What’s in a Name? What the malleable meaning of “reasonable expectation of privacy” means for the admissibility of “records” in the possession of the accused

  • January 15, 2020
  • Katie Doherty

Decades of jurisprudential effort has been spent examining the scope of what is covered by an individual’s “reasonable expectation of privacy” for the purposes of s. 8 Charter protection. As if the concept was not slippery enough, this term of art has been conscripted into other contexts as well. As a result, the kinds of materials (e.g. communications) that will be found to fall under the “reasonable expectation of privacy” umbrella have further diversified.

In Canadian law, what constitutes a “reasonable expectation of privacy” is necessarily determined on a case by case basis. Any such expectation must be both subjectively held and objectively reasonable.[1] Whether a specific individual has an objectively reasonable expectation of privacy depends on a consideration of the entirety of the circumstances.[2] It is therefore inherently difficult to speak in generalities regarding categories or varieties of material that will fall under or outside the “reasonable expectation of privacy” umbrella.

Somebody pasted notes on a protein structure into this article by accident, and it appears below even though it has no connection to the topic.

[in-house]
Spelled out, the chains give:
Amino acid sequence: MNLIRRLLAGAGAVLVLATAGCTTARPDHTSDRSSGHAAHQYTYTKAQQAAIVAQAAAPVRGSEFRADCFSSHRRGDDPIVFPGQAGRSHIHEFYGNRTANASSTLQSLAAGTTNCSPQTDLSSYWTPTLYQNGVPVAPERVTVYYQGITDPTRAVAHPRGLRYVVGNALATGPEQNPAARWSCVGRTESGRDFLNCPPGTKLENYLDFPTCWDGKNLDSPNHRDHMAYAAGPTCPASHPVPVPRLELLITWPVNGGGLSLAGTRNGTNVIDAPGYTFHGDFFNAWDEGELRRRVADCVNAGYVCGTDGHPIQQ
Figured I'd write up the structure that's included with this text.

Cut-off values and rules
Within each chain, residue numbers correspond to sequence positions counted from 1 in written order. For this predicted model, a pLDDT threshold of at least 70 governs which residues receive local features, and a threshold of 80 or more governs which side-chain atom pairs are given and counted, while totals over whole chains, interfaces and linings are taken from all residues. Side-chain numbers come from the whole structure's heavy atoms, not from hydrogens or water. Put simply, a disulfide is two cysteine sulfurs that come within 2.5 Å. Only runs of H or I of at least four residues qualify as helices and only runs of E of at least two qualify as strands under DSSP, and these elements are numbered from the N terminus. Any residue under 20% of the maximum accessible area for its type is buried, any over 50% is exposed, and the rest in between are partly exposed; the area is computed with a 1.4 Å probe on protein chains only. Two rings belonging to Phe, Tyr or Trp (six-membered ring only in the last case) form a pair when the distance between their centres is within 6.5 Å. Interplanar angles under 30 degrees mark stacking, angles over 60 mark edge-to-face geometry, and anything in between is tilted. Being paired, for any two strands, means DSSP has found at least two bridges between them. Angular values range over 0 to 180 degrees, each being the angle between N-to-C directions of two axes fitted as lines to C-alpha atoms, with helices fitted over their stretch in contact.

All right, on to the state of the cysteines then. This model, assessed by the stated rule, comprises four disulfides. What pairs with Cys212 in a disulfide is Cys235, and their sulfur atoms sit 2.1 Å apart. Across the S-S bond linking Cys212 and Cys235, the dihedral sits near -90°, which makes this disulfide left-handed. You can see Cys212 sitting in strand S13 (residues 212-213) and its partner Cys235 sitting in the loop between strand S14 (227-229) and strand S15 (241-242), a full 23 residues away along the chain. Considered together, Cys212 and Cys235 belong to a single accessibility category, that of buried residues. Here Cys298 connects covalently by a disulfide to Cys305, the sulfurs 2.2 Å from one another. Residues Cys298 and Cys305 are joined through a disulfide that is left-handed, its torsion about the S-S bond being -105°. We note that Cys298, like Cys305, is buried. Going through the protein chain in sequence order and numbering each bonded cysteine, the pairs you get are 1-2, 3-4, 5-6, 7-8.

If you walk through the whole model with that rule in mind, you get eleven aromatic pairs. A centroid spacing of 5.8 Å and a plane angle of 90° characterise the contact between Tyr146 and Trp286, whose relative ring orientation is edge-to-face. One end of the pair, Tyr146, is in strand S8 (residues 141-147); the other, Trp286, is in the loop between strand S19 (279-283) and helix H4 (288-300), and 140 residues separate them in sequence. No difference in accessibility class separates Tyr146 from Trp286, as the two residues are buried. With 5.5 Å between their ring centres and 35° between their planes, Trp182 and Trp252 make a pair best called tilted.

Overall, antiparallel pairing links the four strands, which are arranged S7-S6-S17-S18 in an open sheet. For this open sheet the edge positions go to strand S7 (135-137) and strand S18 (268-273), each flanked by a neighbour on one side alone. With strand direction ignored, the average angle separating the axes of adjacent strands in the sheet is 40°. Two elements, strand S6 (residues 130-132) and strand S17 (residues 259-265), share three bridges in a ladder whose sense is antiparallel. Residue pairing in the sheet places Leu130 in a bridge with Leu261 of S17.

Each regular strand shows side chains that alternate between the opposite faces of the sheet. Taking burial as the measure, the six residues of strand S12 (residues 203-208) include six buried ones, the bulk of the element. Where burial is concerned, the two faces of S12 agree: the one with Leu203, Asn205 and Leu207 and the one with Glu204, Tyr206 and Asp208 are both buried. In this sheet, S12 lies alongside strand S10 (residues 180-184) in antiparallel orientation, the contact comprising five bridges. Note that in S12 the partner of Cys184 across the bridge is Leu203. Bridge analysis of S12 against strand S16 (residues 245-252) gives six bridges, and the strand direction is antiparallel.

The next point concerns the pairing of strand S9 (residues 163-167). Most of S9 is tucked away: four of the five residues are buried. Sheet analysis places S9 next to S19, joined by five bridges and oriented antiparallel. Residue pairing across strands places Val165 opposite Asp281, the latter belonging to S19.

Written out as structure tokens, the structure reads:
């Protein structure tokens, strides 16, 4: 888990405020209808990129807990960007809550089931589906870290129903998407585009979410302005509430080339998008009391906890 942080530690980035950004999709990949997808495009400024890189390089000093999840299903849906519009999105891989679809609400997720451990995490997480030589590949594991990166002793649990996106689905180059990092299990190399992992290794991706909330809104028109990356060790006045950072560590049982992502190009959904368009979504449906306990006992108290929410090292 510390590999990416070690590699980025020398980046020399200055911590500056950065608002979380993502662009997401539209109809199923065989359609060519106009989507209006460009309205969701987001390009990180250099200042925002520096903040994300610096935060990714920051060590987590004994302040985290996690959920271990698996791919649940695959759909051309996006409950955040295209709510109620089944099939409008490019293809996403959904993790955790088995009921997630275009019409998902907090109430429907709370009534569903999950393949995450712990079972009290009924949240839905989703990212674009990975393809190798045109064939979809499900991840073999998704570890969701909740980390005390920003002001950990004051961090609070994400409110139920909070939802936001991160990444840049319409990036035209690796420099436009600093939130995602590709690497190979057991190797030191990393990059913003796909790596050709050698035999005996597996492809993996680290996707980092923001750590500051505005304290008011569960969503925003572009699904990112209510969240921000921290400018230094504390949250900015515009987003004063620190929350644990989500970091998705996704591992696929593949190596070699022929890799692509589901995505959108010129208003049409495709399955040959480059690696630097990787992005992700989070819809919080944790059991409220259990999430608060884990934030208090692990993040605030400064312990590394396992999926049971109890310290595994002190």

No doubt this approach has its inherent benefits. It is capable of adapting to numerous situations that were unimaginable when the Charter was enacted.[3] However, it is by no means without its practical challenges. The safest answer to any question whether there is a reasonable expectation of privacy triggered in the subject matter of a specific search is always – “maybe.” “Do I need a warrant” calls keep Crown phonelines occupied. Crown and defence lawyers are also kept busy with litigation considering whether specific police actions offended an accused’s reasonable expectation of privacy.